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Location: UFOUpDatesList.Com > 1998 > Jun > Jun 8

Re: Occam's Razor and UFOs

From: RobIrving@aol.com
Date: Sun, 7 Jun 1998 22:16:26 EDT
Fwd Date: Mon, 08 Jun 1998 08:06:51 -0400
Subject: Re: Occam's Razor and UFOs

>To: "UFO UpDates - Toronto" <updates@globalserve.net>
>From: "Jerome Clark" <jkclark@frontiernet.net>
>Subject: Re: UFO UpDate: Re: Occam's Razor and UFOs
>Date: Sat, 06 Jun 98 13:33:02 PDT


>>Of course, I'm not trying to tell anyone that there aren't ETs
>>(or UTs and ITs, come to that), just that, as things stand, ol'
>>William's blade is more likely to lead us away from that
>>explanation than towards it.

>Ah, I don't think so, unless one holds that 50+ years of failed
>explanations for puzzling UFO cases demands another 50+.

I don't exactly follow what you're saying...

Are you suggesting that we accept one hypothesis over others by
way of attrition? I guess that's how things work sometimes, but
some sort of sensible explanation would be useful. I for one am
happy to spend the rest of my time not knowing. You're free to
jump to conclusions as much as you wish. The issue remains about
compelling evidence, and what we accept as compelling.

>Since ufologists have been asking questions, challenging each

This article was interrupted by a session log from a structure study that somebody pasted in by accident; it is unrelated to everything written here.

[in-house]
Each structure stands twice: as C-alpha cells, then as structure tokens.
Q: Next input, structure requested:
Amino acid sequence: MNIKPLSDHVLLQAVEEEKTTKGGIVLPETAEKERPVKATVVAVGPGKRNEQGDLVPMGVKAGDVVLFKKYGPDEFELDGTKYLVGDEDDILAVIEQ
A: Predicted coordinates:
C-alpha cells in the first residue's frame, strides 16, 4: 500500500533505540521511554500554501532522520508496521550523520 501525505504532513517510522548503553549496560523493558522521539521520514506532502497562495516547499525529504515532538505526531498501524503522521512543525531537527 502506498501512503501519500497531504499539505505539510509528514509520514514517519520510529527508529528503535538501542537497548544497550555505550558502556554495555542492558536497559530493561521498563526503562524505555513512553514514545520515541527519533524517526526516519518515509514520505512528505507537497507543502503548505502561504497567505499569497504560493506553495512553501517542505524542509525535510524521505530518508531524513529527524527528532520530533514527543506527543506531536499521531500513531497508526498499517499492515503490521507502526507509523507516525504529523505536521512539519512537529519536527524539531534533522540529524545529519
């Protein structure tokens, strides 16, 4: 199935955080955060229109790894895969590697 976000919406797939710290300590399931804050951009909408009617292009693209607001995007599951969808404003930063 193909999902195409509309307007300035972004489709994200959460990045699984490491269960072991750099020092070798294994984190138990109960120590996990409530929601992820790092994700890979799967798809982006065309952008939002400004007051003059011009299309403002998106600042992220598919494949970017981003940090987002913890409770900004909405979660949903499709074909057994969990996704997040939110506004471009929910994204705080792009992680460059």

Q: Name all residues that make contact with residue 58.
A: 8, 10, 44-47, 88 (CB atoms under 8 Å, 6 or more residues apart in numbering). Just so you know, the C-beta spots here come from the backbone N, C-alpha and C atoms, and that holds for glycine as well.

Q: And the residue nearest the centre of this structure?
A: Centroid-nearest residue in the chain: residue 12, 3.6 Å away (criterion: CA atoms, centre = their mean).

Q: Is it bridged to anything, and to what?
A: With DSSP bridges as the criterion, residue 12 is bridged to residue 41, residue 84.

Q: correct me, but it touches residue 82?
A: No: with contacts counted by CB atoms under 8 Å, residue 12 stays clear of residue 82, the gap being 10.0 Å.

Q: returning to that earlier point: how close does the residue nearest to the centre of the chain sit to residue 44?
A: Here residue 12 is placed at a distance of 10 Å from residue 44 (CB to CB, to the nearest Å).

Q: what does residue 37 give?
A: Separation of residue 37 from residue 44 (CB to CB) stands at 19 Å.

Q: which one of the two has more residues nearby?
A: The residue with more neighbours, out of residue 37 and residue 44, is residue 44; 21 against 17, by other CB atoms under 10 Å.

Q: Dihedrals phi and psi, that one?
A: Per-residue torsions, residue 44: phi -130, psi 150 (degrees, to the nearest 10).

>other's theories and conclusions, and arguing for as long as
>there has been a ufology, yours seems, uh, not to be the most
>accurate characterization, even of what goes on on this list,
>that I've ever heard.

Facetious already?

I referred to the relationship between general public and
ufological 'expert', rather than that purely between the latter.
However, even between 'experts' you'd be hard-pressed to
convince me that any reasonable standard of scientific argument
is generally applied.

Don't get me wrong, I'd love to see it. Perhaps you can point me
in the right direction?

In saying that, it's not my belief that ufology necessarily has
to hold to scientific principles - those that feel there's a
need in their line of enquiry, will. Others that pretend to will
continue to be taken with a pinch of salt. More often it's the
latter that gravitate towards public attention, thus sullying
any serious research, in my opinion. But it's all grist for the
mill of myth, and I'm perfectly content either way.

Twisting Occam's razor in favour of the ET Hypothesis is a
brilliant ploy, though. To my mind at the present time (open to
arguments) it leads to no hard and fast conclusion either way.

I feel I should caveat all that by saying that I do see great
value in a fantasy. Every discovery depends on our faculty for
creativity, but that's perhaps a separate topic for discussion.
I usually save the ol' art argument for parties where there's
plenty of wine, and it doesn't matter who, or how much, or how
many finer points get wasted.

>And finally, as critics of Occam's razor have always pointed
out: >though the notion has its uses, it is in fact a principle
of >logic, not a law of nature.

And the reason it's criticized is because it is a useful tool
for flawed logic, as I said before. As Greg pointed out,
sceptics - or the type of thinkers who are generally known
around here as skeptics (another widely misunderstood term) -
are just as prone to flawed logic as the most irrational
believer, all (or most) being human.

To save you the pain of banging your knee on the desk again, I
agree that the most extreme cases of s_k_epticism amount to
irrational belief.


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